Workplace Bullying

By Berenice Meintjes

At Philafrica Foods everyone must be treated with dignity and respect at all times, and we have a zero tolerance approach towards any form of workplace bullying. Because we care about you we want you to be aware of your rights as well as your responsibilities.

What you need to know

Bullying refers to any unfavourable or offensive conduct which has the effect of creating a hostile work environment for someone as well as repeatedly attempting to torment or wear a person down by provoking, intimidating and intentionally harming the person. This includes:

  • Yelling, cursing or swearing at a colleague;
  • Blaming a person for the mistakes of another;
  • Taking credit for a colleague’s work or trying to sabotage their work;
  • Ridiculing a colleague through unsubstantiated criticism or copying emails that are critical of a colleague to people who do not need to know;
  • Attacking a colleague’s self-esteem;
  • Using social media and other communication technology platforms to intimidate, harass, embarrass or victimise a colleague;
  • Constantly criticising a colleague publicly;
  • Overbearing supervision, misuses of power or making threats/comments about an employee’s job security without foundation;
  • Being burdened with an unrealistic work schedule in comparison to others.

What must you do?

Keep a careful written record of the details of all incidents and using this information, write a request to the bully to cease their behaviour. Should the behaviour persist, write a formal complaint to your manager and thereafter HR.

What will we do?

Workplace bullying is a violation of fundamental human rights that often leave victims physically, psychologically, and professionally scarred. Be assured that you have an open avenue for reporting any bullying or victimisation by management or your colleagues, confidentially to HR, and the Company undertakes to investigate all reported concerns.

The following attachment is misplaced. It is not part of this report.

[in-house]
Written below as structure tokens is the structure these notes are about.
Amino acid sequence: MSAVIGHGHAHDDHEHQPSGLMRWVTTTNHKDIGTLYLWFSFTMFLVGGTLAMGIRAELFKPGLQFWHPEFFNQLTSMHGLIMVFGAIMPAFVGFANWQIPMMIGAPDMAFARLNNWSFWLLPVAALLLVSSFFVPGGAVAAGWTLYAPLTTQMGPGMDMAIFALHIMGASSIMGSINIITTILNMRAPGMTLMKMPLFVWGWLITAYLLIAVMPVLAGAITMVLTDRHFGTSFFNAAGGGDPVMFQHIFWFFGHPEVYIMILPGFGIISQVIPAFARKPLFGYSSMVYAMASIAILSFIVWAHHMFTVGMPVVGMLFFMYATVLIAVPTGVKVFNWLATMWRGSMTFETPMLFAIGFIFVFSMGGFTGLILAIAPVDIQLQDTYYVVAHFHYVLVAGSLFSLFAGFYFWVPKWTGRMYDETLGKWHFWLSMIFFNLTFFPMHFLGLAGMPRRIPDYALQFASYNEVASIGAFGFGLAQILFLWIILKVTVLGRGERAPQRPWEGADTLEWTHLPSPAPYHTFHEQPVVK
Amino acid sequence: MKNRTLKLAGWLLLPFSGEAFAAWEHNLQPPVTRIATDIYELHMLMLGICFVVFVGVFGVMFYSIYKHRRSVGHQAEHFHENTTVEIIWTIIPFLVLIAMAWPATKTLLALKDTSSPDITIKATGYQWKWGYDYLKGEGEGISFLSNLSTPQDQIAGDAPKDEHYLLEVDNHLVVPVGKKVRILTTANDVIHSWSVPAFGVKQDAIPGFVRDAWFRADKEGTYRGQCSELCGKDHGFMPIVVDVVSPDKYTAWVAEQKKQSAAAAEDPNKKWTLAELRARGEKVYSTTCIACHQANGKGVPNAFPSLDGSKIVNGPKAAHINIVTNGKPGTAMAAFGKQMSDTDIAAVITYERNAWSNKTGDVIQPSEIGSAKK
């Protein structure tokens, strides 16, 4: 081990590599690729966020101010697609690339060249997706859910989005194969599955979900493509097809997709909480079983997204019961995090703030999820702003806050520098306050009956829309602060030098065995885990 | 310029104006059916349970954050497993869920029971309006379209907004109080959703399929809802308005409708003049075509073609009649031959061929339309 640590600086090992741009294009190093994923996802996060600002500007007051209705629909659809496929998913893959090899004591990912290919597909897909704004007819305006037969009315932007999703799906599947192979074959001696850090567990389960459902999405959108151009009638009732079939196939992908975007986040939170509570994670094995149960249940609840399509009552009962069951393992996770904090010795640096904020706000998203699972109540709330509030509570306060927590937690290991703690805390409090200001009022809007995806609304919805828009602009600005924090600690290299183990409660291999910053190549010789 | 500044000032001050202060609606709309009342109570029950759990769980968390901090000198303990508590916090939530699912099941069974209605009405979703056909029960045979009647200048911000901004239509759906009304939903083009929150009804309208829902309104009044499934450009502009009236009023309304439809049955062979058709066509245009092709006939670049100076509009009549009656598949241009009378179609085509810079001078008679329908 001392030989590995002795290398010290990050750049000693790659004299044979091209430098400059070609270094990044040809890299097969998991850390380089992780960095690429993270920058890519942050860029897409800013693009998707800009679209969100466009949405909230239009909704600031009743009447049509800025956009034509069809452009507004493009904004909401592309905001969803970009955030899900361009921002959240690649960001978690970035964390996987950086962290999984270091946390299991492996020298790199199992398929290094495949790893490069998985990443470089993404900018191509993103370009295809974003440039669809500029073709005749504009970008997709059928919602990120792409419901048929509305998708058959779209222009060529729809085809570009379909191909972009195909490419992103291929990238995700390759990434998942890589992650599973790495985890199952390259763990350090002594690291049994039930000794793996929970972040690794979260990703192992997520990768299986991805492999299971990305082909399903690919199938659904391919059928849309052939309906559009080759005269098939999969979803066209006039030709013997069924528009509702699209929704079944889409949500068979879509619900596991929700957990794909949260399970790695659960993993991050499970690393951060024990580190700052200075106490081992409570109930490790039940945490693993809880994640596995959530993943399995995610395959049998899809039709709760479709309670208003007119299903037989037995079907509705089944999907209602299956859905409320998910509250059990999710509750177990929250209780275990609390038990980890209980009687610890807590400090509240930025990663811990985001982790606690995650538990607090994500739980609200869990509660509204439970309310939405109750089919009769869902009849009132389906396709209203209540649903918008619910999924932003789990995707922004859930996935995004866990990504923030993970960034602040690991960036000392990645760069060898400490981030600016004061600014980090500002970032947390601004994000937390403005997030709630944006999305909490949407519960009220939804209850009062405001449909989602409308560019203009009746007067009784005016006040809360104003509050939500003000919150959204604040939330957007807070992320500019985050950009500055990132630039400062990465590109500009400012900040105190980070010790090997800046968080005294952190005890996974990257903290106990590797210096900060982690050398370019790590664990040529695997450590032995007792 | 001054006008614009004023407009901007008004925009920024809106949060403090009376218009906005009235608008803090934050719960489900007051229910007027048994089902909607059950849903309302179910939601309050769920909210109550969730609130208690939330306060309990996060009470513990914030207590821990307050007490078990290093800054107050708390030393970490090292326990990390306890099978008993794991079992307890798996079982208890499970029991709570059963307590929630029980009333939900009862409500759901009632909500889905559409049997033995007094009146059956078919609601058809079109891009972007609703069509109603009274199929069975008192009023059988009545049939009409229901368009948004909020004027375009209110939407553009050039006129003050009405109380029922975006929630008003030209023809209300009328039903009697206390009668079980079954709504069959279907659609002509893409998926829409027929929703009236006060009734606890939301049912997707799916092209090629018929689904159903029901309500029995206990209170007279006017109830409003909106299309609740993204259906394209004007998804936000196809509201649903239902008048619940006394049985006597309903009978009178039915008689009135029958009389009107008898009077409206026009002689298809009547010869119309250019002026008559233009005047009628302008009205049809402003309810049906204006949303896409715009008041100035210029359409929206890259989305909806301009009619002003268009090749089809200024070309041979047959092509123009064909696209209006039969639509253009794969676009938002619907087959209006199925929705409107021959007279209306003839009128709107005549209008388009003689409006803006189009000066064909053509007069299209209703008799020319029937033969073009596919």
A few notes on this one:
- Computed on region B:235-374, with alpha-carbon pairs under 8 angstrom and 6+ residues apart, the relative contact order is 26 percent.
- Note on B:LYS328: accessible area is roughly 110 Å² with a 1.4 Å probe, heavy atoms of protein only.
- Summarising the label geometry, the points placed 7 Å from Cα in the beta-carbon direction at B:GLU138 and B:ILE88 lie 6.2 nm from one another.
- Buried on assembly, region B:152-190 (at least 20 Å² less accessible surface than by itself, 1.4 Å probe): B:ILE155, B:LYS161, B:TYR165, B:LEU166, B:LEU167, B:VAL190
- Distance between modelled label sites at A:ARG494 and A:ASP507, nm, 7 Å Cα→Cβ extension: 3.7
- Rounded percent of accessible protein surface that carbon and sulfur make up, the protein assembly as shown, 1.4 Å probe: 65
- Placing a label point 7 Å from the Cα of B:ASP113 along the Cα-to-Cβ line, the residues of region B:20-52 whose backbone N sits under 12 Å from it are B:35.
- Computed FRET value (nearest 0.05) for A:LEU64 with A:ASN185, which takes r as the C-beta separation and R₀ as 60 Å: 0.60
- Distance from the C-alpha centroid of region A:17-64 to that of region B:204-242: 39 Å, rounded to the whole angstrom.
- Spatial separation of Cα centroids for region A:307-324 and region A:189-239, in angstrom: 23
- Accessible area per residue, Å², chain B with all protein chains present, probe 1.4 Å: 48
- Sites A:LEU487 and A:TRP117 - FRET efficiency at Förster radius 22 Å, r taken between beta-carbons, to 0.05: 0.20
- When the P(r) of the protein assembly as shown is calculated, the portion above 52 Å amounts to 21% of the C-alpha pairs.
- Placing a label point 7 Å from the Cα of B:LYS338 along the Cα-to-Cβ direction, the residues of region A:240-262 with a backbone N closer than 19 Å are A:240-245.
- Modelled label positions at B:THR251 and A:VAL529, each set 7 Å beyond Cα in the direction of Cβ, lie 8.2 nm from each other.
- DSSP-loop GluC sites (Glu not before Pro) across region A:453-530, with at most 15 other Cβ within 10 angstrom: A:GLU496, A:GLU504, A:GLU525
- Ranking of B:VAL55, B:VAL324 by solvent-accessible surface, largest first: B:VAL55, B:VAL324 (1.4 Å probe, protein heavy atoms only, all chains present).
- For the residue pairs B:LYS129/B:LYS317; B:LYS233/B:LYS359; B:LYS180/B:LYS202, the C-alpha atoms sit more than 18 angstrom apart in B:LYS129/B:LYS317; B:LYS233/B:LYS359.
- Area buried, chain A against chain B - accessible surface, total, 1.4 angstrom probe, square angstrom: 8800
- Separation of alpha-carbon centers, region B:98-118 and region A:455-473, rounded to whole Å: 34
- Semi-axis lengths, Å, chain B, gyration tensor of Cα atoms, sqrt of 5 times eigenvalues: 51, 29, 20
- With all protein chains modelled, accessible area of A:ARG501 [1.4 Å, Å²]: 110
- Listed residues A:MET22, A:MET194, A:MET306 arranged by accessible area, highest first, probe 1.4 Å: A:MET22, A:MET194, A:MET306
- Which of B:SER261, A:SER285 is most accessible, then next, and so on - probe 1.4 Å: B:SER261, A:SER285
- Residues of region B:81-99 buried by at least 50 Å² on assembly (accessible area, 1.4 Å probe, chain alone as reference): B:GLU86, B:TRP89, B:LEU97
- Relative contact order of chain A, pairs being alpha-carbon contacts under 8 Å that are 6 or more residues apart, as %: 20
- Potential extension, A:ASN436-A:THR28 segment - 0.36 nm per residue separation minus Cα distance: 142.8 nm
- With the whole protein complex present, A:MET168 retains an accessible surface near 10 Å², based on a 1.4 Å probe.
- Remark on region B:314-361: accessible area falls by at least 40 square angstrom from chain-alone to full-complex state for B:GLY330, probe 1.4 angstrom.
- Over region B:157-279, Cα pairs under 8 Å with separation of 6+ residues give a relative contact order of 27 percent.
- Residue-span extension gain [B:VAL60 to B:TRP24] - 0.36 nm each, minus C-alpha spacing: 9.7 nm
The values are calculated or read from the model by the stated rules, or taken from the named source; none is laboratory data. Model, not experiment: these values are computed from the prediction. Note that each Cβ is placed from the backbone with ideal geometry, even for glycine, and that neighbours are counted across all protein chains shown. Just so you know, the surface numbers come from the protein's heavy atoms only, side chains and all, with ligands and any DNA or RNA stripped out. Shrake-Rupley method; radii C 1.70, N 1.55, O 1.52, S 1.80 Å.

Your responsibilities:

It is important to note that having an assertive manager does not mean that the manager is a bully. Managers have the responsibility to ensure that each employee performs to the expected standard and behaves in accordance with company values. The distinction lies in the intention of the action: where the intention is to hurt, demean or humiliate an employee through direct or indirect negative actions or words, the manager has crossed the line and then becomes a bully.

Your rights:

Labour legislation now looks at bullying the same way it looks at harassment or a dignity violation, making it a serious offense. You have a right to the protection of your physical and emotional wellbeing at work and no forms of harassment should be tolerated.

Should you have unethical or criminal behaviour of any nature to report, please make use of the Tip Off Anonymous line.